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March 29, 2019 4:08 pm

‘Intolerable’: In Picturesque French Town, Local Jewish Politician Defies Antisemitic Daubings

avatar by Ben Cohen

A view of the French town of Roanne. Photo: Wikimedia Commons.

Local politicians in the Loire region of central France rallied on Friday in support of a Jewish deputy mayor who was personally targeted by violently antisemitic graffiti earlier this week.

Antisemitic inscriptions including, “Death to the Jews,” and Nazi swastikas were discovered on the walls of municipally-run nautical club in the town of Roanne on Thursday morning. One inscription specifically threatened Roanne’s deputy mayor, who is Jewish, with the words, “Death to the Jew Sophie Rotkopf.”

The latest outrage came just one week after Roanne’s public prosecutor, Abdelkrim Grini, announced an investigation into a similar antisemitic incident on March 18. Swastikas and inscriptions including, “Death to the Jews,” were found daubed at the town’s sports stadium.

Local police said on Thursday that no arrests had been made in either of these incidents.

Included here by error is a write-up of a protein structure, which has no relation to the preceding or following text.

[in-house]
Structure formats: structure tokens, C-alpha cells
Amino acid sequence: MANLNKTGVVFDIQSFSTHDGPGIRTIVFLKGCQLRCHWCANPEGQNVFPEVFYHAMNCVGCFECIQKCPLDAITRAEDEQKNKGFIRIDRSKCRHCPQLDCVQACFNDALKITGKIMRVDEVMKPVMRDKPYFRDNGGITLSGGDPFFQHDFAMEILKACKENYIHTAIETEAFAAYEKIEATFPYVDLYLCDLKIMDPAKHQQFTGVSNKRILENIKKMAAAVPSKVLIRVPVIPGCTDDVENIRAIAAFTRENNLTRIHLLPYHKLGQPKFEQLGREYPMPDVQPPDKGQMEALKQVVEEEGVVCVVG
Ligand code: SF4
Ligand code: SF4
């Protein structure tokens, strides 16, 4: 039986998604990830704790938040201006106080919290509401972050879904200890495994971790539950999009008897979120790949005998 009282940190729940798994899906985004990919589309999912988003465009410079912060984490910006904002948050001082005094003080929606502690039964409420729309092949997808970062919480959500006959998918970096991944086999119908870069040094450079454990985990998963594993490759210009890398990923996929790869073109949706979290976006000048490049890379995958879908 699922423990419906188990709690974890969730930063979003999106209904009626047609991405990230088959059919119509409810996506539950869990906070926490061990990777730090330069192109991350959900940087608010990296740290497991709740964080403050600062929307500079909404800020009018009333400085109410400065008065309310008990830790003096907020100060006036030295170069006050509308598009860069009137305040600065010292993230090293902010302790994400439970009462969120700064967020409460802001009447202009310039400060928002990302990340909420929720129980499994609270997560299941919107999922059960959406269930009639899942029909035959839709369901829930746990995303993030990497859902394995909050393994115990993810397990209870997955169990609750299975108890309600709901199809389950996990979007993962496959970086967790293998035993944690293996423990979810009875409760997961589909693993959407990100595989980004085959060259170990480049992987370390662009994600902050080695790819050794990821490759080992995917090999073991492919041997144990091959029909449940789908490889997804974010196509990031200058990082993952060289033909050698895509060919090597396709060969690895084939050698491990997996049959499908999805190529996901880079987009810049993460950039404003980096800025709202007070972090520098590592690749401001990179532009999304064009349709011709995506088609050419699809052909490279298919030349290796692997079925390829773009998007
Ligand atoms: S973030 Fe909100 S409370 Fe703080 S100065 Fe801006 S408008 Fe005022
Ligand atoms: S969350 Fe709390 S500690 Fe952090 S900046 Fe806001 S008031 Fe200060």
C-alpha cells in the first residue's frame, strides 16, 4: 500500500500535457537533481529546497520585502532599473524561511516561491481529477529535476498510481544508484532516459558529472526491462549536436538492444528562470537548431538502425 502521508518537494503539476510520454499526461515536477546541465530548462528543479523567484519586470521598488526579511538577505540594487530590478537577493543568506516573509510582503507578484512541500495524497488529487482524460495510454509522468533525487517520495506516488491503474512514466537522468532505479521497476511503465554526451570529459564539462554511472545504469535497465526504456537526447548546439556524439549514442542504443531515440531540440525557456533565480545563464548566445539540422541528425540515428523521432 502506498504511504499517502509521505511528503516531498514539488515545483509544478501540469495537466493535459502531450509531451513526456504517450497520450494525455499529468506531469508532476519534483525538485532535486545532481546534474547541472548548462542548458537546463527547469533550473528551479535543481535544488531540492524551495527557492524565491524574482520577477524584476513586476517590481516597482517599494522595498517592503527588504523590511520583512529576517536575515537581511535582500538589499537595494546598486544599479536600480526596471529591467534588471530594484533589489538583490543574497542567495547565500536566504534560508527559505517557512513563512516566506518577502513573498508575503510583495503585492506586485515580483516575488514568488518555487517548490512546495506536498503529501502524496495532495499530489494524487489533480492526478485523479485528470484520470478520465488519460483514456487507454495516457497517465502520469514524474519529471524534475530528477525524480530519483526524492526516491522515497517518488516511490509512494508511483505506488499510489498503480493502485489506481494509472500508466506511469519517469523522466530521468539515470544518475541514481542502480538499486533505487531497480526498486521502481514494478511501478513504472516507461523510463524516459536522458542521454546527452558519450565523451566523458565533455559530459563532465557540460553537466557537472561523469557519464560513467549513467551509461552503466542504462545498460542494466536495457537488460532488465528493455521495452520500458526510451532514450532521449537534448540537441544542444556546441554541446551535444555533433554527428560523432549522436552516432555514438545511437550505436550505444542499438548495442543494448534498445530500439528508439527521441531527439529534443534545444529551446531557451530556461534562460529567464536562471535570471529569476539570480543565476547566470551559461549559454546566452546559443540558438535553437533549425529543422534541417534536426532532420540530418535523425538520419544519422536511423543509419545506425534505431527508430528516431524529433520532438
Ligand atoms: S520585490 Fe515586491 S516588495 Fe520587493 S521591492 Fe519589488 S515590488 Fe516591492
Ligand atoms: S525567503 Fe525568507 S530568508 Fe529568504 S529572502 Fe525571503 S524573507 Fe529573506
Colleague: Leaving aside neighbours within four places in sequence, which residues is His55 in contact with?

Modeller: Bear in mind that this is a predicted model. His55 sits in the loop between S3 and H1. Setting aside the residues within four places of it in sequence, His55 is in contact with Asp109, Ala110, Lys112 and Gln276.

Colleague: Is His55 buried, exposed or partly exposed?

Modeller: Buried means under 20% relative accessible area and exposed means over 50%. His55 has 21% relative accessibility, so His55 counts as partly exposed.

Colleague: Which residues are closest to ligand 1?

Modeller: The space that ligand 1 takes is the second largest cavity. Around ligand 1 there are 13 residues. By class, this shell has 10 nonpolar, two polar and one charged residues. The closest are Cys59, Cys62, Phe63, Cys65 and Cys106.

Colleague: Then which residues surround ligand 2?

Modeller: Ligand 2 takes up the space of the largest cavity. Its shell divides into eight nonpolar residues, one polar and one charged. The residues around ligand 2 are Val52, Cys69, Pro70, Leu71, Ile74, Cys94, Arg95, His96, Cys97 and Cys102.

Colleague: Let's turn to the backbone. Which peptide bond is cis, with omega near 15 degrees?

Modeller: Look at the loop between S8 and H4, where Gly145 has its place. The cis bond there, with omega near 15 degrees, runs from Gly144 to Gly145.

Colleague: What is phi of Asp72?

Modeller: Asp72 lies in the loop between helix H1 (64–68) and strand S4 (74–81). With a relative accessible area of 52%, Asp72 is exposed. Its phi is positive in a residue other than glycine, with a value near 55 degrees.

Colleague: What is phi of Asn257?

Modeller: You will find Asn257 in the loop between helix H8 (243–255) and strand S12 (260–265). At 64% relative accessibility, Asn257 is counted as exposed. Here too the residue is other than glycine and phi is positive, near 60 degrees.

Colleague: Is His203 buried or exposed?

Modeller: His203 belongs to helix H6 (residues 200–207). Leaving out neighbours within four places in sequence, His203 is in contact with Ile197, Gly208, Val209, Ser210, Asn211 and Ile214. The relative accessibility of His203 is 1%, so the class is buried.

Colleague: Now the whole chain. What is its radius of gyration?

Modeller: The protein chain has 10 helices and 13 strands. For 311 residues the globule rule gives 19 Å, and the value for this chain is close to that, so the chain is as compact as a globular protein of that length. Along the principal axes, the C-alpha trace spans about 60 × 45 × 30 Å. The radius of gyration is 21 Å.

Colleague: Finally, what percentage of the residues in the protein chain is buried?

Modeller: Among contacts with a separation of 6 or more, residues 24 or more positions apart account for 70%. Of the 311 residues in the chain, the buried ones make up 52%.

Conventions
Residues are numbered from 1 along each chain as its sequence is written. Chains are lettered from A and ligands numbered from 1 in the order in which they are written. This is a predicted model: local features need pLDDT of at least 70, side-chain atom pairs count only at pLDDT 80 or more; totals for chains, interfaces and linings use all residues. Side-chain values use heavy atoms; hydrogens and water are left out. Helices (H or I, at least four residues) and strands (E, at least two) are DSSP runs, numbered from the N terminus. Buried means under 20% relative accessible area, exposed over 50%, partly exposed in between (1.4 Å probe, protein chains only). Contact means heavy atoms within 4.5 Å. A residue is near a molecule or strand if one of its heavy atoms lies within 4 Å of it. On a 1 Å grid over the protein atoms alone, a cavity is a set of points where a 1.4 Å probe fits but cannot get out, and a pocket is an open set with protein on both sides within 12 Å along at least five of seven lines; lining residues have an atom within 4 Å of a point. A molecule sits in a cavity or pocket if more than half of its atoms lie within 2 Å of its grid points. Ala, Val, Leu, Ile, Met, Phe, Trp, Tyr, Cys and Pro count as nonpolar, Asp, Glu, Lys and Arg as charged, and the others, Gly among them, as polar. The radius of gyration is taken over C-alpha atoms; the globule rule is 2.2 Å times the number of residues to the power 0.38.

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Rotkopf, a member of the center-right Republicans (LR), said in a statement carried by local media outlets that the French people should not permit what she called “the ordinary hatred of everyday life” to enter into “our house.”

“When the Jewish community is attacked, France, its citizens and the Republic are attacked, and this is intolerable,” Rotkopf declared.

Several of Rotkopf’s political colleagues rushed to offer statements of support. The Socialist and Democrat Group of Roanne’s local council said on Twitter that it expected the local authorities to fully apply the existing laws against hate crime.

One of the group’s representatives, Jean-Francois Debat, emphasized Rotkopf’s status as a democratically-elected official in his message of solidarity. “These acts of hatred are unacceptable and must be severely punished,” Debat said.

Cécile Cukierman, the president of the French Communist Party’s regional group, emphasized her “unqualified condemnation of these unbearable and unspeakable acts” in a separate statement.

The daubings in Roanne reflect a wider national trend of rising antisemitism in France. In 2018, antisemitic incidents in France — the home of western Europe’s largest Jewish community — rose by an unprecedented 74 percent. Discussing those figures last month, Francis Kalifat — president of the French Jewish organization CRIF — urged a “national surge” against antisemitism.

“Beyond being a threat to Jews, antisemitism is a signal of the democratic weakening of our country,” Kalifat asserted at the time.

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